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Variation on factorial primes

Factorial primes are those of the form n! +/- 1.  When n is large enough, n!+/-1 will not be divible by the primes less than n: 2, 3, 5, ..  last prime less than `n’.

Are they “random primes”?  I would’n say that.  But while special primality tests exist for Mersenne numbers, I don’t know of any special method for factorial primes.

The variation, in its simplest form, consists in looking for primes of the form  n!/2 -1 .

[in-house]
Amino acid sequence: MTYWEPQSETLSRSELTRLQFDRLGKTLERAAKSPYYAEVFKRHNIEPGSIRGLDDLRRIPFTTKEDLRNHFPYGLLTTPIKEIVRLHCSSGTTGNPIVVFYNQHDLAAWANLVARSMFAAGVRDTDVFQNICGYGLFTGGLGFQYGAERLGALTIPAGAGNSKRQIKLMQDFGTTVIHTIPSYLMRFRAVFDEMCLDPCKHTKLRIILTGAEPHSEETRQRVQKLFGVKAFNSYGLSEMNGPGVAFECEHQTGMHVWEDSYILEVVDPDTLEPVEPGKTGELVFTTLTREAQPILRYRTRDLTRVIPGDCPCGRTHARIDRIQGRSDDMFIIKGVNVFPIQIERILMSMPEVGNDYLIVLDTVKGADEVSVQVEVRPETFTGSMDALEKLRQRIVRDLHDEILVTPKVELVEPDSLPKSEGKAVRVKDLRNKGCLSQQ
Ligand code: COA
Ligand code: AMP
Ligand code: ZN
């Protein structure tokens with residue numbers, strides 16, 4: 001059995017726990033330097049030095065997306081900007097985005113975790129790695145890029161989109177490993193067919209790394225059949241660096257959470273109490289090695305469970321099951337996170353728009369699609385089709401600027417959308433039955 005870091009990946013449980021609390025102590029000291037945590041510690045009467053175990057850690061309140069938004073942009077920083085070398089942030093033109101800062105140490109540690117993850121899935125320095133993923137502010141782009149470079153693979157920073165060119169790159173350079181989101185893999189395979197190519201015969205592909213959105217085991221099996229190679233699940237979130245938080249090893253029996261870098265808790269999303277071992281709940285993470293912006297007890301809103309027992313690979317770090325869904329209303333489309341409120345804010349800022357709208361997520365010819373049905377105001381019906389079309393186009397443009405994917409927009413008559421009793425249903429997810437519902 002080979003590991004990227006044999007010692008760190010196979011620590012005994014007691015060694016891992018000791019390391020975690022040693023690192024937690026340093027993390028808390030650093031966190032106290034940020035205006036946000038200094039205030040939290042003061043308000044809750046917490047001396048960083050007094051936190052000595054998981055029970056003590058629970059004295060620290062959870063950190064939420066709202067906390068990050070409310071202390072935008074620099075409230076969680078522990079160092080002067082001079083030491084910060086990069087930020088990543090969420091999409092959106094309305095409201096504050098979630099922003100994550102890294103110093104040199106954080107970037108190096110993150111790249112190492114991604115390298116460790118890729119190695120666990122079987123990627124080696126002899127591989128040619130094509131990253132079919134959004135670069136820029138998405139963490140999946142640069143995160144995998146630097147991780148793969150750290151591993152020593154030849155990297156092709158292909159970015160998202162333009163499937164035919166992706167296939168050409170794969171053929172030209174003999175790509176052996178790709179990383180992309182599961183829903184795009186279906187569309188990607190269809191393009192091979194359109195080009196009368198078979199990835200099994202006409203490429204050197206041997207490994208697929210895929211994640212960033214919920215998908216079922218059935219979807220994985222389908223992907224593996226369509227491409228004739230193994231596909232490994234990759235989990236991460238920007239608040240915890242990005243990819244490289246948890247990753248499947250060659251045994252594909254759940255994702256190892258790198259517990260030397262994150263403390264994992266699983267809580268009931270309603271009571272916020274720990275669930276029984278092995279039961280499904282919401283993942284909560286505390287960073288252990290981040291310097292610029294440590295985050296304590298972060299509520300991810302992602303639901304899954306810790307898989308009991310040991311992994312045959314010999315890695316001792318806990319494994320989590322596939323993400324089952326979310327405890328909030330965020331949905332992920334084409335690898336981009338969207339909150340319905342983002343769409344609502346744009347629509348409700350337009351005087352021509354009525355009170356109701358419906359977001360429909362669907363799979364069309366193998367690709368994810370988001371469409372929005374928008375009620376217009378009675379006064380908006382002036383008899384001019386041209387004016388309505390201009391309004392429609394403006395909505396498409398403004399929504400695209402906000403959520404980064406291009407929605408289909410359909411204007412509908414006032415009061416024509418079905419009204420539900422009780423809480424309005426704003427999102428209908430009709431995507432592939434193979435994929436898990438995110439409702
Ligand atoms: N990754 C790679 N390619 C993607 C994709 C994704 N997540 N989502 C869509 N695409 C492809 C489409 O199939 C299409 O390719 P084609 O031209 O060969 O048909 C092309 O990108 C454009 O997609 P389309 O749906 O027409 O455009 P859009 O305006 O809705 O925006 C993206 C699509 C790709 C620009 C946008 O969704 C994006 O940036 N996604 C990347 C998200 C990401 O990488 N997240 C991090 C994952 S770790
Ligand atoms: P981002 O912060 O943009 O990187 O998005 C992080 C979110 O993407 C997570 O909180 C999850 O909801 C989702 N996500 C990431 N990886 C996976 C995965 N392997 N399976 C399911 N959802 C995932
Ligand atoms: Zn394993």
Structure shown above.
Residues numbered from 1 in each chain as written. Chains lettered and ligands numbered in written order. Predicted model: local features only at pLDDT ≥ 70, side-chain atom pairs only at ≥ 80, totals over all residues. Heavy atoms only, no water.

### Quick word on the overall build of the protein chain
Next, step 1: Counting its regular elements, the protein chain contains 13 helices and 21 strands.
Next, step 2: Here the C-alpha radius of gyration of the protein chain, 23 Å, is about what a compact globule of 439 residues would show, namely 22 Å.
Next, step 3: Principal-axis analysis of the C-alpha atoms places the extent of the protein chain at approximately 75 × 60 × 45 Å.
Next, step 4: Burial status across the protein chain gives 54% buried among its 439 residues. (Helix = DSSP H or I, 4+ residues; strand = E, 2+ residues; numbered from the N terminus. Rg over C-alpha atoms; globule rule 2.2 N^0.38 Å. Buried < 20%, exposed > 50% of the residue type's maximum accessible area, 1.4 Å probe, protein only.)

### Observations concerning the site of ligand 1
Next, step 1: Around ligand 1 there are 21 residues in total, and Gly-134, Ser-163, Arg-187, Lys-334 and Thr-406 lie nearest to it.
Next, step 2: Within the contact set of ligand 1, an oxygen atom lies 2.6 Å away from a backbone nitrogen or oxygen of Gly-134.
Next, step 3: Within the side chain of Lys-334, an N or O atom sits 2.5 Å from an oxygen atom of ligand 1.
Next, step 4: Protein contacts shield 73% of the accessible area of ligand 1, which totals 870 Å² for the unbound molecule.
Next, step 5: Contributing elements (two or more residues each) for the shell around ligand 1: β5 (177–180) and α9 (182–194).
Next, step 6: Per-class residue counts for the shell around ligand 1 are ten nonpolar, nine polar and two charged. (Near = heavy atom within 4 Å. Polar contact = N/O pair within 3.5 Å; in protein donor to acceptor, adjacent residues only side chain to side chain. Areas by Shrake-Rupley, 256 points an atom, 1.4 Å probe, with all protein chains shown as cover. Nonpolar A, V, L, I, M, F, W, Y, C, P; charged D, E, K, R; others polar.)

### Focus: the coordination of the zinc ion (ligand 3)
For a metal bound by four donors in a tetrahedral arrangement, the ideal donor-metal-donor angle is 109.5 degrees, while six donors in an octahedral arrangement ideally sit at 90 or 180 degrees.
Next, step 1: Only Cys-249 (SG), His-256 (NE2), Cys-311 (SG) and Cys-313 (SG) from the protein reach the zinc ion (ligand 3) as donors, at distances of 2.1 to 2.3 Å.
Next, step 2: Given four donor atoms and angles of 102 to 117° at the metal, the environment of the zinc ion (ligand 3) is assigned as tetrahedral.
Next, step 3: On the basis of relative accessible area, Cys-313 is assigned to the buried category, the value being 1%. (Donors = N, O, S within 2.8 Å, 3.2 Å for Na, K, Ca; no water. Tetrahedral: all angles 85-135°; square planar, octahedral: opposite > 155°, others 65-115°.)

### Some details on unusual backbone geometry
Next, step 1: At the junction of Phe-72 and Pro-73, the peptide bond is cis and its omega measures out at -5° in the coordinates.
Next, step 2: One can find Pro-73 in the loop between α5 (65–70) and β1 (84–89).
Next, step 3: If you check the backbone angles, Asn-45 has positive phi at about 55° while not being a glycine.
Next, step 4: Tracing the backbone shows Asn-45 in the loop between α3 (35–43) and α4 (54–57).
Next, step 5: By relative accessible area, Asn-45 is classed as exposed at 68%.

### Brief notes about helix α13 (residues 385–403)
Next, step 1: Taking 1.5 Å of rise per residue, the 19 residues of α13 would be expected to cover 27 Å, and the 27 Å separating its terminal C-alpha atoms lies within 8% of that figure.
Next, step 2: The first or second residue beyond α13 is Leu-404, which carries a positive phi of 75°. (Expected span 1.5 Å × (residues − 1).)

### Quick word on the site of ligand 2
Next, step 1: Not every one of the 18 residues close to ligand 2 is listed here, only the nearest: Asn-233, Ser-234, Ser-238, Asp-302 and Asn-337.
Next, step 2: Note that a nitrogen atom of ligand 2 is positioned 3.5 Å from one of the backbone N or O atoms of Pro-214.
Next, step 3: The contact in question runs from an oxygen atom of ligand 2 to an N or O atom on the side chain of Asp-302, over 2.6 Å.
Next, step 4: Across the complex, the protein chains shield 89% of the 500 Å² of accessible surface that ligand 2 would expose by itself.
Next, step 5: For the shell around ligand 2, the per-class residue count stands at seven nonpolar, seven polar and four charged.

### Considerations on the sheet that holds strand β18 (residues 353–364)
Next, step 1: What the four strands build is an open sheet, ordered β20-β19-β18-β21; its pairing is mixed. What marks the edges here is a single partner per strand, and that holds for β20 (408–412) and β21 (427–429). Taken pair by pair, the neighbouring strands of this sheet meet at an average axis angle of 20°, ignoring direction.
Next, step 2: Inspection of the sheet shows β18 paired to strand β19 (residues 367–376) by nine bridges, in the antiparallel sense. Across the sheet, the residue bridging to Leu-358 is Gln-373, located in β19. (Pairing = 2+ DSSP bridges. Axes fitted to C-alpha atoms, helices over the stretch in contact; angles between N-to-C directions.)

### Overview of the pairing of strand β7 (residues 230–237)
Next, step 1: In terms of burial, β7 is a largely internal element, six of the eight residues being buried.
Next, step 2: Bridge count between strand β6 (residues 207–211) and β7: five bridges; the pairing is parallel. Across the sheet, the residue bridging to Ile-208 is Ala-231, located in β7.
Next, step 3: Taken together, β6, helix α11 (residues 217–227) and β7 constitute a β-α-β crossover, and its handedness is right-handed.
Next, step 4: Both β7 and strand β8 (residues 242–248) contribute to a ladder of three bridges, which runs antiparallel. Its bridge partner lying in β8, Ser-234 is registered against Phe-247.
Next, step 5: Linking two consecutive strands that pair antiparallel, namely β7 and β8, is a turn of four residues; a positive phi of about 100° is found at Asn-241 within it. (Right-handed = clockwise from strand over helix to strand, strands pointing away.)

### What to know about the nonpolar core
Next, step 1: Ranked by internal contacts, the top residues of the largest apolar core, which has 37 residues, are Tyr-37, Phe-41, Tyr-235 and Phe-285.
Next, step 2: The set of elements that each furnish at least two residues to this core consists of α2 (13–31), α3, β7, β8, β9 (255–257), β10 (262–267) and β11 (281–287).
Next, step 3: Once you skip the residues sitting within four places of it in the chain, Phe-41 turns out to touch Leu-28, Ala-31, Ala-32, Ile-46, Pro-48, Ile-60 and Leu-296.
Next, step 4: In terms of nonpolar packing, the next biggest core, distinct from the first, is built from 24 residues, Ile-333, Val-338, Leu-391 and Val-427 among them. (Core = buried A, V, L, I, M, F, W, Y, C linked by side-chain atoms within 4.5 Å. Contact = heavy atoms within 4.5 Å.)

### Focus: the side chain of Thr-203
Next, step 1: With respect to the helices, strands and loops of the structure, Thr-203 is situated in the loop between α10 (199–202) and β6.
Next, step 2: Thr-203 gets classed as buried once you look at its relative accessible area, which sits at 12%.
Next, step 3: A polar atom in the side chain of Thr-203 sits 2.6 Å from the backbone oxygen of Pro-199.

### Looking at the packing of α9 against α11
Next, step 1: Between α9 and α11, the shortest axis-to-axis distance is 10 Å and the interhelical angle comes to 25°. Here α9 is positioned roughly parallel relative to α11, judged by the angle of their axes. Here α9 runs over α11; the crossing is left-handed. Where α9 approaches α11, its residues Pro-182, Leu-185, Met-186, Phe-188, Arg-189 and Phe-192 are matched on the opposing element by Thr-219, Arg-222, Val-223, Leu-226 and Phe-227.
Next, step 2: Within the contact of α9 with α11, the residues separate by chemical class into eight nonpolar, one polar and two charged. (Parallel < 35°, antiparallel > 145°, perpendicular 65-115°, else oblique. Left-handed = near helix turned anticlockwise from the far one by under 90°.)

Using PARI-gp, I did pseudo-prime tests (probabilistic tests), with a PARI/gp set-up using a defined function.

It’s organized to check for `n’ up to 10,000.

So far, the output is:

? for(W=3,10000,if(gre(W), print(W)))
3
4
5
6
9
31
41
373
589
812
989
1115
1488
1864
1918
4412
4686
5821

Explanation: `6′ is listed because for n = 6,

n!/2 -1 = 720/2 -1 = 359. 359 is indeed prime.

(43*1451*1559*12505833377 + 1)*2 = 20! .

In other words, for n = 20, n!/2 – 1 is a composite number.

n = 31, using PARI/gp ‘s `factor’ function:

? factor(floor(factorial(31)+0.1)/2 – 1)
%19 =
[4111419327088961408862781439999999 1]

So PARI/gp says that for n = 31, n!/2 – 1 is prime.

 

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Written by meditationatae

November 17, 2012 at 6:38 pm

Posted in History

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